AdaptationDirected by Alizé Carrère
With the persistence of environmental change, people across the world are experimenting daily with different adaptive methods on the ground. These adaptation strategies can be powerful places to look during a time of such uncertainty. This series presents a collection of real-life examples that showcase how people adjust, persevere, and thrive under even the most difficult of conditions. From Bangladesh to Vanuatu to the United States, National Geographic Explorer and environmental anthropologist Alizé Carrère guides us into the lives of people who are finding new ways to live in the midst of a global climate crisis. At the heart of each of their stories is a mindset that we can all learn from: when we change our approach to work with nature, transformational solutions can emerge. Instead of asking what we are losing in the process of adapting, ADAPTATION instead asks, what are we regaining?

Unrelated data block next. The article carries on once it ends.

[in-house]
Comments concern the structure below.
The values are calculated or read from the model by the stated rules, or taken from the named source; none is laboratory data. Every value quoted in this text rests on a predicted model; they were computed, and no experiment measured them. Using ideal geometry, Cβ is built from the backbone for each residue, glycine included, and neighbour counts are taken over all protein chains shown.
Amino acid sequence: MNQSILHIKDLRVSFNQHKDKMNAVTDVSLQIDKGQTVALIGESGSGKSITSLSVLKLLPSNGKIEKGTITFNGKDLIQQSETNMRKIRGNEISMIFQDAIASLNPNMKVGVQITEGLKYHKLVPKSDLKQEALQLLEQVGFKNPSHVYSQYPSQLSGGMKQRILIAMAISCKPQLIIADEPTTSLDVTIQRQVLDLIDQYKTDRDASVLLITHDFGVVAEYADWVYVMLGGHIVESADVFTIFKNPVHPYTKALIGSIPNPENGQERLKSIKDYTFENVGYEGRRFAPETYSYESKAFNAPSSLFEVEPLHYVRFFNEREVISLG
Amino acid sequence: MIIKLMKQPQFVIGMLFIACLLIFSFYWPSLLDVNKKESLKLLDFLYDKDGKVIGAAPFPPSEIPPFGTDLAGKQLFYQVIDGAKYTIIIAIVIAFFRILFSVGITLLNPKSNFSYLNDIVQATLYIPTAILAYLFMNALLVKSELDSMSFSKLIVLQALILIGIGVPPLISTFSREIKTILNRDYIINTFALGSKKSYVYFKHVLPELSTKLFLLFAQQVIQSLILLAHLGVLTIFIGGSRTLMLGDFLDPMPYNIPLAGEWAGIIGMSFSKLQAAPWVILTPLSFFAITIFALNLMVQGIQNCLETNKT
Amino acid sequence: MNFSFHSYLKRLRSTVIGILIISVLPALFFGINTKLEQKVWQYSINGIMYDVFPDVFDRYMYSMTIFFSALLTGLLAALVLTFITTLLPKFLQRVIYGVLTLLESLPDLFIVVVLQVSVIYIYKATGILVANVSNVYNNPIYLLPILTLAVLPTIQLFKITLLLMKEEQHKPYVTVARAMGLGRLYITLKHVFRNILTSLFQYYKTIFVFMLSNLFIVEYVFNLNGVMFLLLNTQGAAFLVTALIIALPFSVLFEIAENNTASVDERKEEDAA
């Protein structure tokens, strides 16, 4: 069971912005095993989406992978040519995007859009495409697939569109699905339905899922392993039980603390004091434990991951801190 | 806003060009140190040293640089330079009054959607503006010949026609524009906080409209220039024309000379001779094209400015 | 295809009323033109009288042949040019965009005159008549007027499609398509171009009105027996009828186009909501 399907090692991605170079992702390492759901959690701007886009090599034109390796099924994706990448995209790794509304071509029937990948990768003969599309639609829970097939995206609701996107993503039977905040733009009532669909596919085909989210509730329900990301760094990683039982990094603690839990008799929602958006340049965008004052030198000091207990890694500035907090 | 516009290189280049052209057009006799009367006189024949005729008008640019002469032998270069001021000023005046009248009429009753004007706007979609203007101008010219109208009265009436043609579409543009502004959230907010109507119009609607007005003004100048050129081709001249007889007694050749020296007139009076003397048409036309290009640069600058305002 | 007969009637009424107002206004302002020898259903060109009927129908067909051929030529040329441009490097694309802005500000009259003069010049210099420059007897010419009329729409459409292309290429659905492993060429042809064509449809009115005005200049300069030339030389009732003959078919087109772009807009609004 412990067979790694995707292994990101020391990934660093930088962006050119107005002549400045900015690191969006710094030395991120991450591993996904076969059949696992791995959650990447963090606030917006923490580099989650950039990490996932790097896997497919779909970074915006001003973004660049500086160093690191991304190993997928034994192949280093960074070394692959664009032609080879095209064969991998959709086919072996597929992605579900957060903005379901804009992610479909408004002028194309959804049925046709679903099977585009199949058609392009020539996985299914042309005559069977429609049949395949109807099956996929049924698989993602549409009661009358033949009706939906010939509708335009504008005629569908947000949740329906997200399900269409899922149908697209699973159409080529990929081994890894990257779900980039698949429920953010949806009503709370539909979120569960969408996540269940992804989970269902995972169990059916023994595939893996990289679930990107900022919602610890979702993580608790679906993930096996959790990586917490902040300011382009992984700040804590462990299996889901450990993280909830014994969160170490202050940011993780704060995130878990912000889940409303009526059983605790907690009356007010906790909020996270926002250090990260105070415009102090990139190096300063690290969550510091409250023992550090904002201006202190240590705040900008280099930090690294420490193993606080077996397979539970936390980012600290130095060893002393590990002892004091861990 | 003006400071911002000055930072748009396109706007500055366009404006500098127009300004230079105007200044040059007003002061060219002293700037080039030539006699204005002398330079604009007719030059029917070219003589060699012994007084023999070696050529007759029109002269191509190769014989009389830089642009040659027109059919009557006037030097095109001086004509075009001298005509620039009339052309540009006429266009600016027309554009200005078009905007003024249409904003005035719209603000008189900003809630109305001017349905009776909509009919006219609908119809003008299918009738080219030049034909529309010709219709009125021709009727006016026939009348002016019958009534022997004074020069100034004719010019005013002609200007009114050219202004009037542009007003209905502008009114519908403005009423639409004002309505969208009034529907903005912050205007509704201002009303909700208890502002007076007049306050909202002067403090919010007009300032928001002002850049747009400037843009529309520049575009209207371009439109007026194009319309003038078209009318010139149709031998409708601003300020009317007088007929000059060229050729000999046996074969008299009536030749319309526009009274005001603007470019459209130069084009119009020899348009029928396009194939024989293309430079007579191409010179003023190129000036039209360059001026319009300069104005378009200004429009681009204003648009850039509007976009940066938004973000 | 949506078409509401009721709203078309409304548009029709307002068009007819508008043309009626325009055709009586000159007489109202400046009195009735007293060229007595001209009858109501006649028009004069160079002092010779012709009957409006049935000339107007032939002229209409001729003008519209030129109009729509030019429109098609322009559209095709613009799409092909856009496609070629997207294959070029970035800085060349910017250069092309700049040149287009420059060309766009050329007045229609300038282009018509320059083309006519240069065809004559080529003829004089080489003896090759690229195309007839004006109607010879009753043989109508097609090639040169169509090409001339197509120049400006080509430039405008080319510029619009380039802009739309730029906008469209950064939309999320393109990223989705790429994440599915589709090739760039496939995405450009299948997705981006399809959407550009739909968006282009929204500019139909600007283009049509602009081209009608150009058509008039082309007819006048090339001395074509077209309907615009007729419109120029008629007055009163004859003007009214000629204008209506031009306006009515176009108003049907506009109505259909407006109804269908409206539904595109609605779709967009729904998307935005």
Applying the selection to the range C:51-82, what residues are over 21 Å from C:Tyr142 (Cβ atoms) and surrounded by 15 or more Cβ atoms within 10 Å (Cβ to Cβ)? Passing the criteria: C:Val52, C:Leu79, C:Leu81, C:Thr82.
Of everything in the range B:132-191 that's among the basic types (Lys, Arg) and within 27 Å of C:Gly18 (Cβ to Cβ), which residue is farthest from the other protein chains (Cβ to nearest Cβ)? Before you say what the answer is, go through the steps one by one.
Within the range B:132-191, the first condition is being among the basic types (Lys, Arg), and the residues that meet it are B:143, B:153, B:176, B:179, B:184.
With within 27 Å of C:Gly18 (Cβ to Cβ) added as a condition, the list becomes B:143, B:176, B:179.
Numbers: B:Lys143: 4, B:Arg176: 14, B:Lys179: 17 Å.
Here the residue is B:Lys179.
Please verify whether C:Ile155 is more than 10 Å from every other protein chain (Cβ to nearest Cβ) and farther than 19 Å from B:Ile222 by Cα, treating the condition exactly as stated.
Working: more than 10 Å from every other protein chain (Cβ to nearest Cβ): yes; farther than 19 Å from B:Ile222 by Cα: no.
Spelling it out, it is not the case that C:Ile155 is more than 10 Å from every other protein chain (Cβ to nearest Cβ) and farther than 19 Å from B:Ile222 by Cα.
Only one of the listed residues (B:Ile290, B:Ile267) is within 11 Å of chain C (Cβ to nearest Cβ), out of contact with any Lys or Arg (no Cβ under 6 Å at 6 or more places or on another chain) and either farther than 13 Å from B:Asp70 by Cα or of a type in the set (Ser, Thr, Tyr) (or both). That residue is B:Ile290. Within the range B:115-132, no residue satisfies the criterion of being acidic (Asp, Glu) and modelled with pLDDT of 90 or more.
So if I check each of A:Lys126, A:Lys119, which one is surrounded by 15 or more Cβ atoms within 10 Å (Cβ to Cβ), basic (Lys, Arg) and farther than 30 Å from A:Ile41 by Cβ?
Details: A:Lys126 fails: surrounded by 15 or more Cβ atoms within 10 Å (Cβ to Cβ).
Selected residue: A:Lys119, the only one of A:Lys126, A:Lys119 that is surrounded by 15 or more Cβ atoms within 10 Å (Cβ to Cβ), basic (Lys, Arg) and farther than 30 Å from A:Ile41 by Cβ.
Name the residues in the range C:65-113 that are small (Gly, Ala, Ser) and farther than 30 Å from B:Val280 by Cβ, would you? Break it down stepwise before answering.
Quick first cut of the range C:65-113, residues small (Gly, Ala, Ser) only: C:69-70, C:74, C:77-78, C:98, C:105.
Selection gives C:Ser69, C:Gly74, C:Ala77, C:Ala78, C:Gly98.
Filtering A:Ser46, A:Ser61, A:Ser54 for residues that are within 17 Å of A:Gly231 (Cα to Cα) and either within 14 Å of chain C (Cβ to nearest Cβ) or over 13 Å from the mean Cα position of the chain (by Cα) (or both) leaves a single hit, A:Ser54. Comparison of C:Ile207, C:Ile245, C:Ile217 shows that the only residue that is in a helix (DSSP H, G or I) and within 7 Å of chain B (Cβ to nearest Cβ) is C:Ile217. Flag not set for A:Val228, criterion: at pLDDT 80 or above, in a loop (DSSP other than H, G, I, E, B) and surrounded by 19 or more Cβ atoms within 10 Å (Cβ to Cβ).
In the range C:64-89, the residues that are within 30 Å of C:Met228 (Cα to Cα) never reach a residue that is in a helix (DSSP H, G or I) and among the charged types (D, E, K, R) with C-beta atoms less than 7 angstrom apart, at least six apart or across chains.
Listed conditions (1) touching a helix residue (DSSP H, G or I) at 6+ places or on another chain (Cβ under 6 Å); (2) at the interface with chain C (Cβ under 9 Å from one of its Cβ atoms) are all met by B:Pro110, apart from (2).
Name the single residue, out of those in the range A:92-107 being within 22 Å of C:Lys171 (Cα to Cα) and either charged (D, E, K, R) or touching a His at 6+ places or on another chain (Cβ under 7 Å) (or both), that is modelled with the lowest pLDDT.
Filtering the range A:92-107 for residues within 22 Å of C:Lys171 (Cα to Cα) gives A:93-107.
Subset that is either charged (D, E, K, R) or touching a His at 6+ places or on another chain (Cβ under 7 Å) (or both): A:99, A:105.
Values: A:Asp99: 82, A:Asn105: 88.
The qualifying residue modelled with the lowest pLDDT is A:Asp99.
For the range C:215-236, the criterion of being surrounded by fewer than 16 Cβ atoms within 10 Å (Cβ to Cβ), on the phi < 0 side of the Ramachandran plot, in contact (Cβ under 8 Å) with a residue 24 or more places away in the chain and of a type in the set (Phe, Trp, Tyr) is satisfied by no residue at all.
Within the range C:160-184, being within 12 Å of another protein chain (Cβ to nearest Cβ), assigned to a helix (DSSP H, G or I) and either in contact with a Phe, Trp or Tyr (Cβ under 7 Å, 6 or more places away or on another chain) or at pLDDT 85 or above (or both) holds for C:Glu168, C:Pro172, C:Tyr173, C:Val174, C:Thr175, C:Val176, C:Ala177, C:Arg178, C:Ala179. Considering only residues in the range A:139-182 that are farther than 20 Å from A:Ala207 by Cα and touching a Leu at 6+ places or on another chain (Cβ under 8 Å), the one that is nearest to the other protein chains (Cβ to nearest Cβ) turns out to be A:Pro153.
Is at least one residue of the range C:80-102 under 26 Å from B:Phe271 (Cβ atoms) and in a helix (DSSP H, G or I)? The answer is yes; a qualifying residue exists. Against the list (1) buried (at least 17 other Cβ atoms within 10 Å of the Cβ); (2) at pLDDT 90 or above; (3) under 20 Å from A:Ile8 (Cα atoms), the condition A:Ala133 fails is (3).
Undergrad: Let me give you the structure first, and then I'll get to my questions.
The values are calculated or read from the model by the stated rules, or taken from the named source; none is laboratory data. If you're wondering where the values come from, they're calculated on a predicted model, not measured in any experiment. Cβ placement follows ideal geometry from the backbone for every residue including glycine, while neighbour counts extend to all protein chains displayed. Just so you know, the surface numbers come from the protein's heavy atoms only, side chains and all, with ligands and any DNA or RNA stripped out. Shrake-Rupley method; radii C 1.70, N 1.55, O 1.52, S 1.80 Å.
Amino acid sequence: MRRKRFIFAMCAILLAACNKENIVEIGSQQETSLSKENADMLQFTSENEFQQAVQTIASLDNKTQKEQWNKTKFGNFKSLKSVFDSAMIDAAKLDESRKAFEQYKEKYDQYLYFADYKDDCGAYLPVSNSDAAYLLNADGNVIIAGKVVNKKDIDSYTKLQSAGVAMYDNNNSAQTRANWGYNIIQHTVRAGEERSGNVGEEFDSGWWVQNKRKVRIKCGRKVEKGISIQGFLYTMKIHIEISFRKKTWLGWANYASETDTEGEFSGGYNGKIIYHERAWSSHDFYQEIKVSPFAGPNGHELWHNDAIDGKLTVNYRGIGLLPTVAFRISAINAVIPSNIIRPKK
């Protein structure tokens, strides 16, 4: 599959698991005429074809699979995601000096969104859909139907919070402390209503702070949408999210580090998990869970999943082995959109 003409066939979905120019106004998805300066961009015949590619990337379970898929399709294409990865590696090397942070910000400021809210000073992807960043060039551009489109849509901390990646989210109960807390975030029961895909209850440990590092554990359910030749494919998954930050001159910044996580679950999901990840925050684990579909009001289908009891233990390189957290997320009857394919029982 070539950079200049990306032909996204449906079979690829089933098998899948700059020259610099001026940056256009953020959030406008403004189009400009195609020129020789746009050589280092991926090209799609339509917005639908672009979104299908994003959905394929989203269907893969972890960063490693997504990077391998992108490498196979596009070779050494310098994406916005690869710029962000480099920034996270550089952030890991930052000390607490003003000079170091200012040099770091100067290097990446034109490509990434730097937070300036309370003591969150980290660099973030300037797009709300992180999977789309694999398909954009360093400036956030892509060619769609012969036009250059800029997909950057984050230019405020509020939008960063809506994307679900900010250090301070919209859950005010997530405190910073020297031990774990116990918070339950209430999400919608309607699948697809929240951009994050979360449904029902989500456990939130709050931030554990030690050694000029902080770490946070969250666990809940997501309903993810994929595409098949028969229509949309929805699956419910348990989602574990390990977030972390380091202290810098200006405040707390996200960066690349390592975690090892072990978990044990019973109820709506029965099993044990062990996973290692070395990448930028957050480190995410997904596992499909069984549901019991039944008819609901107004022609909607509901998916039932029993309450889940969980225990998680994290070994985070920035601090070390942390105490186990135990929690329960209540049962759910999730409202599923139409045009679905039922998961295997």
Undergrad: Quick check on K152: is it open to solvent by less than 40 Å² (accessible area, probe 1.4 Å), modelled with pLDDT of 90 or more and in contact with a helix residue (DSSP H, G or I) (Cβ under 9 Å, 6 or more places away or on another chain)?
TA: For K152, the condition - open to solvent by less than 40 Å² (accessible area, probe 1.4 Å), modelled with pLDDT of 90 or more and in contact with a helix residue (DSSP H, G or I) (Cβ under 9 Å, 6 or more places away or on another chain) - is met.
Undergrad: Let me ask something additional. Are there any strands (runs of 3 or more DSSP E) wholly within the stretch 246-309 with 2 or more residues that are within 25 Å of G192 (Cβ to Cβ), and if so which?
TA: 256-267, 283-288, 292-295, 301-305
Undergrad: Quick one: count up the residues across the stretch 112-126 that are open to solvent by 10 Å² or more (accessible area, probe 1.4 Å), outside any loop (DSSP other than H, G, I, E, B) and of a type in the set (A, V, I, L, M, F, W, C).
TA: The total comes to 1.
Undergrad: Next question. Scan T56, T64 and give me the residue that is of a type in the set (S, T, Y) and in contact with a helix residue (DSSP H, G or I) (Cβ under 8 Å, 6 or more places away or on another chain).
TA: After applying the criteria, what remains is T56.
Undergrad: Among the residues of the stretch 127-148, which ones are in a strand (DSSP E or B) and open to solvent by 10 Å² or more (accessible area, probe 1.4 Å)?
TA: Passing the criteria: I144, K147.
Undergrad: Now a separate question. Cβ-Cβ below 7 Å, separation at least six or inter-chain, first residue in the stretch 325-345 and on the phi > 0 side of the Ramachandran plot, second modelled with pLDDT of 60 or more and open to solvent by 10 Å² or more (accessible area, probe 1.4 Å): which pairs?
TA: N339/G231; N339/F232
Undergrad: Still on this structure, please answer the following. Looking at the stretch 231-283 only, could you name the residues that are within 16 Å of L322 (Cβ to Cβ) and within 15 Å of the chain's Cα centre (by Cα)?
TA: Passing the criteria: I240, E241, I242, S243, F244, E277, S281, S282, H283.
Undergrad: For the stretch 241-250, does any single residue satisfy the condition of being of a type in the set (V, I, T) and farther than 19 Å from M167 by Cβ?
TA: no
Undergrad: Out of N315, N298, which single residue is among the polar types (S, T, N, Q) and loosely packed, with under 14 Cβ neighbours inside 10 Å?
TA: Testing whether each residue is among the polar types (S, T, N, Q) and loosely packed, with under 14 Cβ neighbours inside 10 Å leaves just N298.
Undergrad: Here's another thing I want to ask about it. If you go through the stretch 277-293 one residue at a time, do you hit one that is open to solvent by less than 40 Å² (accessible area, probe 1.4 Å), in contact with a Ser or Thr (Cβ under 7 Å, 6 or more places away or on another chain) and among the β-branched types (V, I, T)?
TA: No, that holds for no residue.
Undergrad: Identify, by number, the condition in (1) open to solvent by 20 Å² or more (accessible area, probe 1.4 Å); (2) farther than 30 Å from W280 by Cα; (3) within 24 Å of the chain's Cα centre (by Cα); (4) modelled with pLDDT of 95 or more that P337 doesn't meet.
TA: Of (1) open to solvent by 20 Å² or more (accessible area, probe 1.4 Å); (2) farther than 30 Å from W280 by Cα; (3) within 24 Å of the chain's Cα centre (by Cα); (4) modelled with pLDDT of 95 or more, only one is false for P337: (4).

Alizé Carrère is a National Geographic Explorer, filmmaker, and PhD student researching and documenting human adaptations to environmental change. In 2013, Alizé received support from National Geographic to conduct research in Madagascar, where she spent several months uncovering an unlikely agricultural adaptation in response to severe deforestation. Learning of farmers who were turning erosional gullies into fertile pockets of farmland, her work evolved into a greater story on human creativity and resilience. She continues to study innovative adaptations to environmental change, and is currently focusing on the relationship between architecture, climate change and urban utopias. Alizé received both her B.A. and M.Sc. from McGill University, and is now pursuing her PhD at the University of Miami in Ecosystem Science & Policy.